Farm, restaurant and grocer associations were opposed to Assembly Bill 2959
A California proposal that would have changed the way many livestock producers in the state obtain food byproducts for use as animal feed has been shelved.
Assembly Bill 2959 has been opposed by California farm groups, along with restaurant and grocer associations. The California Farm Bureau, California Cattlemen’s Association, Western United Dairies, California Restaurant Association, California Grocers Association and California Retailers Association have said they would work together to defeat the bill. The Association of California Egg Farmers, California Grain and Feed Association, biomass-based biodiesel producers and other associations and small business owners have also said they oppose the bill, which they say would change regulations and add costs to 1.8 million businesses.
The bill was introduced in February by Assemblymember Ian Calderon (D-Whittier), cleared the Assembly in June and was scheduled to be heard this week in the Senate Environmental Quality Committee, but was shelved on August 11.
Under the bill, livestock producers would no longer have been able to receive food byproducts from retail and commercial establishments, including grocers, restaurants and others, if the local jurisdiction has a contract with a franchise waste hauler, according to the California Farm Bureau Federation.
“We are pleased to see that restrictions on livestock feed, through AB 2959, will no longer be pursued this year,” said Taylor Roschen, policy advocate for the California Farm Bureau Federation. “As California works toward managing its organic waste, our farms, dairies and ranches upcycle these products to put better, safer, healthier food on our tables. We look forward to continuing to highlight that invaluable service.”
The California Grain and Feed Association said it would continue its initiatives to educate others about food waste for animal feed.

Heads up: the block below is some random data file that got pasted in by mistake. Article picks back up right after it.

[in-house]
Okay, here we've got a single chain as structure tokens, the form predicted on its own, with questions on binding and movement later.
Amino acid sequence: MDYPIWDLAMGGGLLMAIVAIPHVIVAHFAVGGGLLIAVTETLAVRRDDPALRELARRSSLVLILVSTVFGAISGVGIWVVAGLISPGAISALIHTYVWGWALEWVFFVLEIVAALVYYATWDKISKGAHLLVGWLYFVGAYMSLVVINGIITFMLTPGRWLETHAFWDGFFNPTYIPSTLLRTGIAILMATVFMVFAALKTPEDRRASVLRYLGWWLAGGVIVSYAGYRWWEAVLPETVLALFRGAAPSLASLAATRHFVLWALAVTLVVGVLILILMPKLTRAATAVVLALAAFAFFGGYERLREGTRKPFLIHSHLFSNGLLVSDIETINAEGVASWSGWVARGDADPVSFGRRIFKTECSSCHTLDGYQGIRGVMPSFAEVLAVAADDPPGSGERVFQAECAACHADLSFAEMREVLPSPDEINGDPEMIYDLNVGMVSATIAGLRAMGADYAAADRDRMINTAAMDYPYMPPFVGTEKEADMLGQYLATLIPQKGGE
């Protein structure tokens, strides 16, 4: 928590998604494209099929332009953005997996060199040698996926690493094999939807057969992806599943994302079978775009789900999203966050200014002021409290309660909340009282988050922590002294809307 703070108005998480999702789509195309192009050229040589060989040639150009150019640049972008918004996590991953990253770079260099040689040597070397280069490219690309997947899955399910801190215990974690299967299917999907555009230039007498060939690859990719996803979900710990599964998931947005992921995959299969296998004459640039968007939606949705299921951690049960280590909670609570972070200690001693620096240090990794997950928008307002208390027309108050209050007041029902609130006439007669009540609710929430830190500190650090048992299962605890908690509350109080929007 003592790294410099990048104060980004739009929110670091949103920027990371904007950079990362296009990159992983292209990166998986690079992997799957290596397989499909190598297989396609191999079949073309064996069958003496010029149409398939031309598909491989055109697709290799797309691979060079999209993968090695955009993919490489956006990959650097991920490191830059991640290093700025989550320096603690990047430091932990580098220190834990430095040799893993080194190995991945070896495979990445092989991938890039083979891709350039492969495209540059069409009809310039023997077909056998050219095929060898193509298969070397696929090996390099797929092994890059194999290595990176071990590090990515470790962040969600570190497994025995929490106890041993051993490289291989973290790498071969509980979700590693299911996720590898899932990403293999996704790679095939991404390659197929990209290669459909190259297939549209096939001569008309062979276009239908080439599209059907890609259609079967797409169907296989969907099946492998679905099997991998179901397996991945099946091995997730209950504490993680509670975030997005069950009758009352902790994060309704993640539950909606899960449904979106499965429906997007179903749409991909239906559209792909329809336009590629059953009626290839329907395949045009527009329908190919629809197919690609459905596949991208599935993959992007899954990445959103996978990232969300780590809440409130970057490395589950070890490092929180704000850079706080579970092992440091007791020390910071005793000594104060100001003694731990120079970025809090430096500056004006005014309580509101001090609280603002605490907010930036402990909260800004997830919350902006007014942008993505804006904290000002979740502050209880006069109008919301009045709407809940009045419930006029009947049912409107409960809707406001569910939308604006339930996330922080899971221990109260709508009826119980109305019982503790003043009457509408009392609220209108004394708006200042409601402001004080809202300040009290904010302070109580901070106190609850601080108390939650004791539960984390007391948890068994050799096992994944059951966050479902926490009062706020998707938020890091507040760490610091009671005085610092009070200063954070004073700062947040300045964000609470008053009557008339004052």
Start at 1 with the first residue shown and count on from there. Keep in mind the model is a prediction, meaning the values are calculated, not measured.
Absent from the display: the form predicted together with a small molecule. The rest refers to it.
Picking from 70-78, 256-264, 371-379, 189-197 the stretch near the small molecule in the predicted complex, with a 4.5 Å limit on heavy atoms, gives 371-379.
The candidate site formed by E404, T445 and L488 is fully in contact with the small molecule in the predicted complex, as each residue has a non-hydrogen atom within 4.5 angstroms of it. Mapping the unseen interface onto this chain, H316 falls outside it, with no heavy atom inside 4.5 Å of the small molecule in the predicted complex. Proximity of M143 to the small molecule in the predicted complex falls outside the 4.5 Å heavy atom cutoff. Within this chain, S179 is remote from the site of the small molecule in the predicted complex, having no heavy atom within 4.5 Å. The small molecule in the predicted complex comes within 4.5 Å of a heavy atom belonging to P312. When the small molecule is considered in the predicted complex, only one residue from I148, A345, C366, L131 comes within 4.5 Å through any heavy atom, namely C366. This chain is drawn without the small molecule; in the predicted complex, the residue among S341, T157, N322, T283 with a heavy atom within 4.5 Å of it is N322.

“The California Grain and Feed Association, working closely with the California Farm Bureau Federation, California Grocers Association and California Restaurant Association led a broad coalition of entities that recycle organic material for feed, biofuels and industrial uses to defeat the measure,” the group said in an update to its members. “We have much more work to do continuing to educate legislators and local government entities of the importance of food waste and other organic materials for feed and other uses and we will continue this education process throughout the year.”
Bill would have updated previous law
The California Integrated Waste Management Act of 1989, administered by the Department of Resources Recycling and Recovery, regulates the disposal, management and recycling of solid waste. It prohibits local governmental entities from exercising their authority with regard to the hauling of byproducts from the processing of food or beverages if certain conditions are met, including the condition that the byproducts originate from, among others, entities required to be registered for the manufacture, packing, or holding of any processed food in the state and certain entities exempt from that registration.
Assembly Bill 2959 aimed to reauthorize those local governmental entities to exercise their authority if those byproducts originate from a retail or commercial establishment such as a supermarket, grocer, restaurant, or other retail food establishment. The bill would additionally prohibit those local governmental entities from exercising that authority if those byproducts originate from a winegrower or brandy manufacturer, as defined, under those same conditions, and would make other specified revisions to these provisions.